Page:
Myles Skinner's Development Portfolio: Technical Writing

The following is an article that I wrote for PartnerPath's Confluence knowlege base. I present this as an example of my skills in technical writing and documentation.

Deal Registration—General Approval Workflow

Introduction to the State Machine

Different tenants have different ways of handling their deal registration workflows. Our smaller tenants tend to have simple, straightforward workflows; Enterprise tenants like Majaro often have complicated workflows. In our portal, we need to be able to model our deal registration workflow so that it works equally well for everybody, no matter how complicated their deal registration process is. We use a state machine to define the rules that govern the workflow for each of our tenants. In this document, I will outline the basic state machine configuration for simple workflows. In Figure 1 below, I illustrate a state machine flow chart for deals requiring three levels of administrative approval.

Figure 1: The basic Deal state machine

A state machine consists of three components:

Two-Dimensional Workflow

One of the questions we faced in our old system was how to model workflows that require multiple levels of approval. An even more complicated question is, "How do we model workflows for different tenants who require different numbers of approval levels?" Our previous solution was to model the workflow as one long line from beginning to end, with special rules determining how a deal should traverse the line, jumping forwards and backwards chaotically. However, this approach got messy, especially when different tenants needed competing and contradictory rules.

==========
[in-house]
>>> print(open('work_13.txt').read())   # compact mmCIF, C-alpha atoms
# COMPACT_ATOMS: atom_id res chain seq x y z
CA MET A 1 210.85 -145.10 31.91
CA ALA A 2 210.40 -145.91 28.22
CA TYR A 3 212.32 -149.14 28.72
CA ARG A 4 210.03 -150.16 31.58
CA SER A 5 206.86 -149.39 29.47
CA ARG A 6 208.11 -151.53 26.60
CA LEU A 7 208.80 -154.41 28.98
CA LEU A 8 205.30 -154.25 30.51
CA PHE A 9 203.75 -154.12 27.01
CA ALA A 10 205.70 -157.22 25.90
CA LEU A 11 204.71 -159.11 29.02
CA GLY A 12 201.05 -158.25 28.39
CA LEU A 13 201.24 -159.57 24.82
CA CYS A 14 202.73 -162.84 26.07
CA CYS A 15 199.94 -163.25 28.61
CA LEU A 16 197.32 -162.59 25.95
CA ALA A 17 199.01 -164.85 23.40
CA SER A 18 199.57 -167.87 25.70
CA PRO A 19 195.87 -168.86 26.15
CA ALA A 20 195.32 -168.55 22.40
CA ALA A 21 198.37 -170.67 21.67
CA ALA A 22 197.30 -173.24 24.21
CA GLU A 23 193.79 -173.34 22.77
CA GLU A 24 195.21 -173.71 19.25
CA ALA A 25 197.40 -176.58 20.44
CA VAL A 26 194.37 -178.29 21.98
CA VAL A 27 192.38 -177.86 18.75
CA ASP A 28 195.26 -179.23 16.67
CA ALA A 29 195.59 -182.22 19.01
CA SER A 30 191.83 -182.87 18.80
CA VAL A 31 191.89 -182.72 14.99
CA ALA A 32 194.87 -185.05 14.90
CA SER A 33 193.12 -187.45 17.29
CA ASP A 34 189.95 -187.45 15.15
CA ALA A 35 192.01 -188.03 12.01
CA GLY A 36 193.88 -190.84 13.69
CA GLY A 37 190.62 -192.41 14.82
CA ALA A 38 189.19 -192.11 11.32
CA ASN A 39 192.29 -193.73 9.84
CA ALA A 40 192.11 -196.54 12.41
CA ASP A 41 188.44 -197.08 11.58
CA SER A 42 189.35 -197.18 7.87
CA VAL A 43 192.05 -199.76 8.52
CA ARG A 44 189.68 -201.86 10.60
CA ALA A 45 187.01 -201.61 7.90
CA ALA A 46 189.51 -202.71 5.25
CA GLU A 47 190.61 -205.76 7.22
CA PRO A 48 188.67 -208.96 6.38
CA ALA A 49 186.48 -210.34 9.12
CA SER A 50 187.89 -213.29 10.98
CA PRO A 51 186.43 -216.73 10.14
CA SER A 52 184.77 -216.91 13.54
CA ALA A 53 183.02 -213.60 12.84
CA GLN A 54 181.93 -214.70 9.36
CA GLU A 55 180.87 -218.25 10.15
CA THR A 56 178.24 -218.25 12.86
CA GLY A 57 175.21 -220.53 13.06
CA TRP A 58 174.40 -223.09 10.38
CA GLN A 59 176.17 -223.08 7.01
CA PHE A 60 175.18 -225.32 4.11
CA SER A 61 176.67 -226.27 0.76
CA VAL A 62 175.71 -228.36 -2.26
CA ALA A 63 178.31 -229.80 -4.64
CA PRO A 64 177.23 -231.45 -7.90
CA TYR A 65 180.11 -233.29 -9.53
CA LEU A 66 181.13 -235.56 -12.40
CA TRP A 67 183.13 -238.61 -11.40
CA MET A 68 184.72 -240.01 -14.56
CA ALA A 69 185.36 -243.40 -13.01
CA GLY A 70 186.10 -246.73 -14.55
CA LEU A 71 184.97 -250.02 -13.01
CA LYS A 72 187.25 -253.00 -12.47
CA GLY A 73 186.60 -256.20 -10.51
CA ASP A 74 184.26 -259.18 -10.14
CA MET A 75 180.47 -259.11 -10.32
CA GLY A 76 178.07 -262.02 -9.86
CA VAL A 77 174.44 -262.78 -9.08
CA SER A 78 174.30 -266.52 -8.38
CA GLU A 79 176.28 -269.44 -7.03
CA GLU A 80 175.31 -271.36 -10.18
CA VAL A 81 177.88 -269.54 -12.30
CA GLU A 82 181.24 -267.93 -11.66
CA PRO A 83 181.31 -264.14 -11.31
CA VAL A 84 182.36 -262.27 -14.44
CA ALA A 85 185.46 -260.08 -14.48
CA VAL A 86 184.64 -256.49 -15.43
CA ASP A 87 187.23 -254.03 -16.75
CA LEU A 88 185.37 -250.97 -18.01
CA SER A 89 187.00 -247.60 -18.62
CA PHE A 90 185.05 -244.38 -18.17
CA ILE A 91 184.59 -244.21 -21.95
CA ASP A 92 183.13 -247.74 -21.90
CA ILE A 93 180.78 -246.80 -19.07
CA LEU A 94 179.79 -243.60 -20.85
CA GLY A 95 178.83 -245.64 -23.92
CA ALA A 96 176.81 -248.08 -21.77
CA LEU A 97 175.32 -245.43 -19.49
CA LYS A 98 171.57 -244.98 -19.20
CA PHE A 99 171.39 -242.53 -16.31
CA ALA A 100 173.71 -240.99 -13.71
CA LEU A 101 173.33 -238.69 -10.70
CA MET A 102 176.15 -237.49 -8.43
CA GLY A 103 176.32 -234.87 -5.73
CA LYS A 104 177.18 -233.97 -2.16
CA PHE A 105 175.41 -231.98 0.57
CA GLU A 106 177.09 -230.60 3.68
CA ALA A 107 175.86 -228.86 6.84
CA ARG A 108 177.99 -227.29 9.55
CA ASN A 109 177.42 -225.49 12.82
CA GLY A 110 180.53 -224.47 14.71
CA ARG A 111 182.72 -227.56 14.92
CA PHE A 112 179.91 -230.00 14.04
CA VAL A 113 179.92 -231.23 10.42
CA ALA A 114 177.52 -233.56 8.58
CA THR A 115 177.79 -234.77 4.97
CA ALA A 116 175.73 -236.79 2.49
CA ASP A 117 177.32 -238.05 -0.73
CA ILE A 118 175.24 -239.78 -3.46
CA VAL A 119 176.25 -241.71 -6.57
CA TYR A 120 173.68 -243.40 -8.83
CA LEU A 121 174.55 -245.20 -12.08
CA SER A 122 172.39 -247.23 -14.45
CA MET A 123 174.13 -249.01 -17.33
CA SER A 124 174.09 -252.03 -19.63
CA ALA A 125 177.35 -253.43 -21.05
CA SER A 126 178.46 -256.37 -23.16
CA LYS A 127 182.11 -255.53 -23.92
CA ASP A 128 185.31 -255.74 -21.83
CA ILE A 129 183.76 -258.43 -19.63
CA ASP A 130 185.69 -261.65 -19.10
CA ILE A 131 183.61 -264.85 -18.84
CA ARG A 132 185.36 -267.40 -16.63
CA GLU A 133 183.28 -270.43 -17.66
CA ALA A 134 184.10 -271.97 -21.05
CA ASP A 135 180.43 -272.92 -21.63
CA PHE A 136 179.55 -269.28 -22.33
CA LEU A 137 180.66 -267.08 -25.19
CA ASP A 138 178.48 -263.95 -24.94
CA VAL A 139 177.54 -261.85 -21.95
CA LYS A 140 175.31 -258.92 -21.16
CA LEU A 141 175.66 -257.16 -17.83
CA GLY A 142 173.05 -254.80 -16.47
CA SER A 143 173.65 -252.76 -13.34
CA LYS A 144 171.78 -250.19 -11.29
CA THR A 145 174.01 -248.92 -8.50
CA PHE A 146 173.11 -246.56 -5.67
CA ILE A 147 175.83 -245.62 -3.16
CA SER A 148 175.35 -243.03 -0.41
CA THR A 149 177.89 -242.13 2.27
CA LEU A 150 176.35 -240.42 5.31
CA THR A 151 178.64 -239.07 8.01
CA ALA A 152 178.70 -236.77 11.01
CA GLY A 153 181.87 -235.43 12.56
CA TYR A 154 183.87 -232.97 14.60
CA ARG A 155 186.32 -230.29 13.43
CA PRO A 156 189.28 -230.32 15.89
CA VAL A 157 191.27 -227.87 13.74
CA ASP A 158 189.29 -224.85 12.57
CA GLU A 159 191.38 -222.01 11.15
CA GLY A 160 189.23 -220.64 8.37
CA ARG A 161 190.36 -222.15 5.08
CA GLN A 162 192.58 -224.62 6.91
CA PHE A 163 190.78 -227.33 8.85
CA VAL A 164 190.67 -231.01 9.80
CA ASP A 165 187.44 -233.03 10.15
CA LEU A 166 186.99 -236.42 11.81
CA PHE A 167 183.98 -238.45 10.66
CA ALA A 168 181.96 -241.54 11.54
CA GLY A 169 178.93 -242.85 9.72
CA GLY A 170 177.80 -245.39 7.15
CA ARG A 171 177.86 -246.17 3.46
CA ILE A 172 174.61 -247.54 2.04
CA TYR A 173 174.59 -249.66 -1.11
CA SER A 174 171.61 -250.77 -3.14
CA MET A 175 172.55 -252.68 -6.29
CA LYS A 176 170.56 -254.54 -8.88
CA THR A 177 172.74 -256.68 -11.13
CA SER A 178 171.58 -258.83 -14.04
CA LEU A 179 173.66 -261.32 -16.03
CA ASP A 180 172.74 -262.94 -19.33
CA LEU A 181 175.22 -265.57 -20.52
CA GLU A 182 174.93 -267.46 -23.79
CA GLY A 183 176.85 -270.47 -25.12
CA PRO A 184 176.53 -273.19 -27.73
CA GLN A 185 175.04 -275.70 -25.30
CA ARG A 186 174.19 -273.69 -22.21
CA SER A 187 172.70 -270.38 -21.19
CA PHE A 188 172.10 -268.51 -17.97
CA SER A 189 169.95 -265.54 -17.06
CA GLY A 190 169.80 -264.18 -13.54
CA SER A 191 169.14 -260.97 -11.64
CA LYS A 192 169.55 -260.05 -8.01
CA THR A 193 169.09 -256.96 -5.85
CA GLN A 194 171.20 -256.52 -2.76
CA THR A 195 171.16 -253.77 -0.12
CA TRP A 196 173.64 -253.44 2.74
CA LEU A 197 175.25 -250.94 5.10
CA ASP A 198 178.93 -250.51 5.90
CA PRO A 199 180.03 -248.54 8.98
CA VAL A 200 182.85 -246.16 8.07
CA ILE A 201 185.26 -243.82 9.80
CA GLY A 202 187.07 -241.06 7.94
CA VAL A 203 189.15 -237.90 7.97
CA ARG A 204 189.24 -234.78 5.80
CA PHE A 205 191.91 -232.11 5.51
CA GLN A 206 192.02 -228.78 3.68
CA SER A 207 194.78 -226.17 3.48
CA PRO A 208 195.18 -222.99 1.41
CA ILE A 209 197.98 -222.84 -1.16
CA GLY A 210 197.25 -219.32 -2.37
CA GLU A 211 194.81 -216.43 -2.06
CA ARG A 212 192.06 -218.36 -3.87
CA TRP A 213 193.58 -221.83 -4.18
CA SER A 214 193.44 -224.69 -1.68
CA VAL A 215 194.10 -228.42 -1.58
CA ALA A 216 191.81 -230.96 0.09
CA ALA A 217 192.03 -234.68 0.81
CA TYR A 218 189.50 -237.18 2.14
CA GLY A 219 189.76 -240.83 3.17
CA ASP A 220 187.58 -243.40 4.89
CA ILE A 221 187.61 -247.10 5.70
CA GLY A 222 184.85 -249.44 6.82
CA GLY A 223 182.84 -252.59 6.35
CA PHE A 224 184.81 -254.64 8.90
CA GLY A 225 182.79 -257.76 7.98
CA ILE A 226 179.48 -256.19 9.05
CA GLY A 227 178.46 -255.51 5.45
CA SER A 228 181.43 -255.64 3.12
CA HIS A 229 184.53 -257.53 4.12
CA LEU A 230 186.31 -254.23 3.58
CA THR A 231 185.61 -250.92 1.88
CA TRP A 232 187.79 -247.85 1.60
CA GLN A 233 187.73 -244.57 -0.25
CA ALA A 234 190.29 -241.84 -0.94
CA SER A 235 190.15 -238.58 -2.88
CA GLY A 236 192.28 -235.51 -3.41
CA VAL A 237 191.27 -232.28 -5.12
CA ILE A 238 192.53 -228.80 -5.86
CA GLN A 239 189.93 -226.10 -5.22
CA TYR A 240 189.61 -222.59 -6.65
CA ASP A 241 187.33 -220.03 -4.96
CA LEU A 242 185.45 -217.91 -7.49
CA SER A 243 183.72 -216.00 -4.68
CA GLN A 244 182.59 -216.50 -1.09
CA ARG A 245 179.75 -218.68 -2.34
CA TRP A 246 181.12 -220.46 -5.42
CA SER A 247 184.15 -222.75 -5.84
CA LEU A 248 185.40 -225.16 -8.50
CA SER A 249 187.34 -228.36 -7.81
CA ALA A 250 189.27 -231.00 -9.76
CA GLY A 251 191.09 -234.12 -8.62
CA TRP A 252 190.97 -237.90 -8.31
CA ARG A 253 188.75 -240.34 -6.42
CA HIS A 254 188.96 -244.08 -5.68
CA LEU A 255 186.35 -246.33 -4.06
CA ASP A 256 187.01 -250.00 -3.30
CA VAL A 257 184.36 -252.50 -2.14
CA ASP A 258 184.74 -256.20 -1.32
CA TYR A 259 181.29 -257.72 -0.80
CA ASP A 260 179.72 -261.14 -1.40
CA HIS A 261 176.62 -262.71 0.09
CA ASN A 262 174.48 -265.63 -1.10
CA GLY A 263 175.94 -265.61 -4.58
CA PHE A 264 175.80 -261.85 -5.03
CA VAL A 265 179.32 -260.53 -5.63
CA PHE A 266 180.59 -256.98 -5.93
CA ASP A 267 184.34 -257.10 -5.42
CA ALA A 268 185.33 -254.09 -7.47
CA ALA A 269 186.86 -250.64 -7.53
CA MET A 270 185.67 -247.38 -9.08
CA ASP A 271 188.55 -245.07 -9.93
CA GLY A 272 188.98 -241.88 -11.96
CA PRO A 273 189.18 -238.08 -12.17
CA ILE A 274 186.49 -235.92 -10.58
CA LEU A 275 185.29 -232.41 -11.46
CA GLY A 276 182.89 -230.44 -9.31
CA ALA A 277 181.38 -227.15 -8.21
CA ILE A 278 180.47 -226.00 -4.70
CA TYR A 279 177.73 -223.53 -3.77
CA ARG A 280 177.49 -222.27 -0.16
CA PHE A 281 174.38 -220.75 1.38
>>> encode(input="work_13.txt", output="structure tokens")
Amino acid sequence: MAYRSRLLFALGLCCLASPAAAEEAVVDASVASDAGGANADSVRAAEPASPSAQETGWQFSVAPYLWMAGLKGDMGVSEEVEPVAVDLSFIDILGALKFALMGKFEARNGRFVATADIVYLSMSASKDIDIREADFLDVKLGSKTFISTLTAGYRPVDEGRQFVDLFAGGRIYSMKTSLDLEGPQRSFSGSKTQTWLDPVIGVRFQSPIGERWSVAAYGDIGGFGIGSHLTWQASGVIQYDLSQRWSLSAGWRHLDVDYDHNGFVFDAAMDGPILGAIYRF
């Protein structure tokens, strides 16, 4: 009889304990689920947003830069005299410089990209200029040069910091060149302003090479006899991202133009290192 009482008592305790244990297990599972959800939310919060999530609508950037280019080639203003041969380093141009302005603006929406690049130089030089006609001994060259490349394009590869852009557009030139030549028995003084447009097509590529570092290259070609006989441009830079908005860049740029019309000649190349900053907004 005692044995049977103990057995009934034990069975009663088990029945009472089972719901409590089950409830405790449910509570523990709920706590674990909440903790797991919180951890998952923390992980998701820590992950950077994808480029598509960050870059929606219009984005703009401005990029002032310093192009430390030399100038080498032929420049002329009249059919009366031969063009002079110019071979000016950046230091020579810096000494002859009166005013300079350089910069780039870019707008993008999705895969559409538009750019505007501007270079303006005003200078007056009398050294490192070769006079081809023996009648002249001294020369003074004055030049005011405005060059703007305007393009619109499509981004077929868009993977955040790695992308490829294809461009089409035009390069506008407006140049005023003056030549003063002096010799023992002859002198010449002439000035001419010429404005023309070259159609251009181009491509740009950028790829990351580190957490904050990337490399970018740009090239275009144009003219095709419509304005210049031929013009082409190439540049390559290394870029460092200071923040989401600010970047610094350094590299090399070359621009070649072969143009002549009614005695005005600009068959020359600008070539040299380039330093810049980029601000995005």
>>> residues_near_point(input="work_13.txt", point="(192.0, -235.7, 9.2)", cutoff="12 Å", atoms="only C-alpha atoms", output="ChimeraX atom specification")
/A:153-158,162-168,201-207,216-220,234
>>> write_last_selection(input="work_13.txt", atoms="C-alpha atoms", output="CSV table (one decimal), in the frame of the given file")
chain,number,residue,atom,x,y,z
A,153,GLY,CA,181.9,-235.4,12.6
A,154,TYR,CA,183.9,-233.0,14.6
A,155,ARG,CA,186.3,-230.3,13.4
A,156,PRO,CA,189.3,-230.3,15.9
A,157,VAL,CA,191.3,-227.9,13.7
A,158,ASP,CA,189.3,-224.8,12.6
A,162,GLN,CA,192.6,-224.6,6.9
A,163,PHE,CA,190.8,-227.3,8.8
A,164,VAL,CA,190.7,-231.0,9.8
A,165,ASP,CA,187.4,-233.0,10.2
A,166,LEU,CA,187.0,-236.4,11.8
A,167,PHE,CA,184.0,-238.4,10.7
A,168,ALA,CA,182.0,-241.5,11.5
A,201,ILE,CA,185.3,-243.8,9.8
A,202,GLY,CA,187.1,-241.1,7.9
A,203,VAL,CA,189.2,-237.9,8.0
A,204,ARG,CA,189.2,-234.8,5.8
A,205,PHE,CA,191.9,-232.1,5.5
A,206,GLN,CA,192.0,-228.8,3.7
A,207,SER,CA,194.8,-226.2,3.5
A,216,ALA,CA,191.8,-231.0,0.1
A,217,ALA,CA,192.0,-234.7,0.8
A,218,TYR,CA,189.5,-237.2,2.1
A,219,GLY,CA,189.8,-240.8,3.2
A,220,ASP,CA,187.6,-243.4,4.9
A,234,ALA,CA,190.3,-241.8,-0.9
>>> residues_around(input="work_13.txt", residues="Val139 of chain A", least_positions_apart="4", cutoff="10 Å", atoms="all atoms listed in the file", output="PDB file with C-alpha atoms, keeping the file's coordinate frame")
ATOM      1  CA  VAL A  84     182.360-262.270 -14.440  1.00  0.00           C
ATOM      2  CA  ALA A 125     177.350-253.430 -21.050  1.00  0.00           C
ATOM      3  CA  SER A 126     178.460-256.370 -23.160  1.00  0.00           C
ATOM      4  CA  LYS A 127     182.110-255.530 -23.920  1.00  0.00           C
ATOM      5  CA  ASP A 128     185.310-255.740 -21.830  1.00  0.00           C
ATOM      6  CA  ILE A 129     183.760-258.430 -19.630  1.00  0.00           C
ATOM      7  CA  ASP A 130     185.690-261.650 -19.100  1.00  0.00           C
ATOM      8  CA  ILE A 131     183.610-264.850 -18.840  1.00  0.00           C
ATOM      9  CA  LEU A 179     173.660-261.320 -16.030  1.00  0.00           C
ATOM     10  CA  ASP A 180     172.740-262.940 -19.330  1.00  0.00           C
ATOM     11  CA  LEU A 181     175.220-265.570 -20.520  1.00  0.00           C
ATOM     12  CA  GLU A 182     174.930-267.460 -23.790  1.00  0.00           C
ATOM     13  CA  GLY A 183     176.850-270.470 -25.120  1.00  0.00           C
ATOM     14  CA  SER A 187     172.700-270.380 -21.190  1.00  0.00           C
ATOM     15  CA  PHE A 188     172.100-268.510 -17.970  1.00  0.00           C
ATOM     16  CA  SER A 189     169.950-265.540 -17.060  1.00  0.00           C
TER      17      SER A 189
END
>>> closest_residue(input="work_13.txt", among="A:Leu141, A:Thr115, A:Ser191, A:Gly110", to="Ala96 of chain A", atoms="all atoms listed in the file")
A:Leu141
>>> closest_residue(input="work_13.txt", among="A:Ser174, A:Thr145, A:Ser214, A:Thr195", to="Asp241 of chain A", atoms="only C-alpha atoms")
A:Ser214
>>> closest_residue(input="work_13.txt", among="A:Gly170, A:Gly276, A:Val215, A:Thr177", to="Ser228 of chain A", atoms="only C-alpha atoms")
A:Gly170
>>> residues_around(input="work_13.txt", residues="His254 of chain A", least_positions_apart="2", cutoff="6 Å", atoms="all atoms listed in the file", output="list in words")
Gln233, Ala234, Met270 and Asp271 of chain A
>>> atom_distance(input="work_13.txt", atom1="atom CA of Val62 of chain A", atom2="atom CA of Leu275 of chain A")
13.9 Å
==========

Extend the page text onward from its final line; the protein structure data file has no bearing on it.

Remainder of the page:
In order to make the workflow much easier to configure, and to make the supporting code much more elegant, I have separated the workflow into two distinct but interdependent state machines: the :workflow_status state machine that runs from left to right on Figure 1 above, and the :approval_status state machine that runs from top to bottom. Each has its own set of rules that define the events that trigger transitions from one state to another. The "state machine" defined in our Deal model is actually a combination of these two state machines working together.

Figure 2: Deal workflow status

Workflow Status: Left to Right

The basic workflow lifecycle of a normal deal is very simple: it starts out its life in :new status, progresses to :fully_approved, and eventually becomes :closed, shown in Figure 2 as arrows going from left to right. The basic states defined in the :workflow_status state machine work as follows:

Figure 3: Three-level approval workflow

Approval Status: Top to Bottom

Depending on the tenant, a deal might need to pass through multiple levels of approval. Figure 3 shows an example of an :approval_workflow with three approval levels. We are not limited to three levels—we can define as many levels as we need. Most basic tenants will only need one or two levels; Majaro currently has six levels.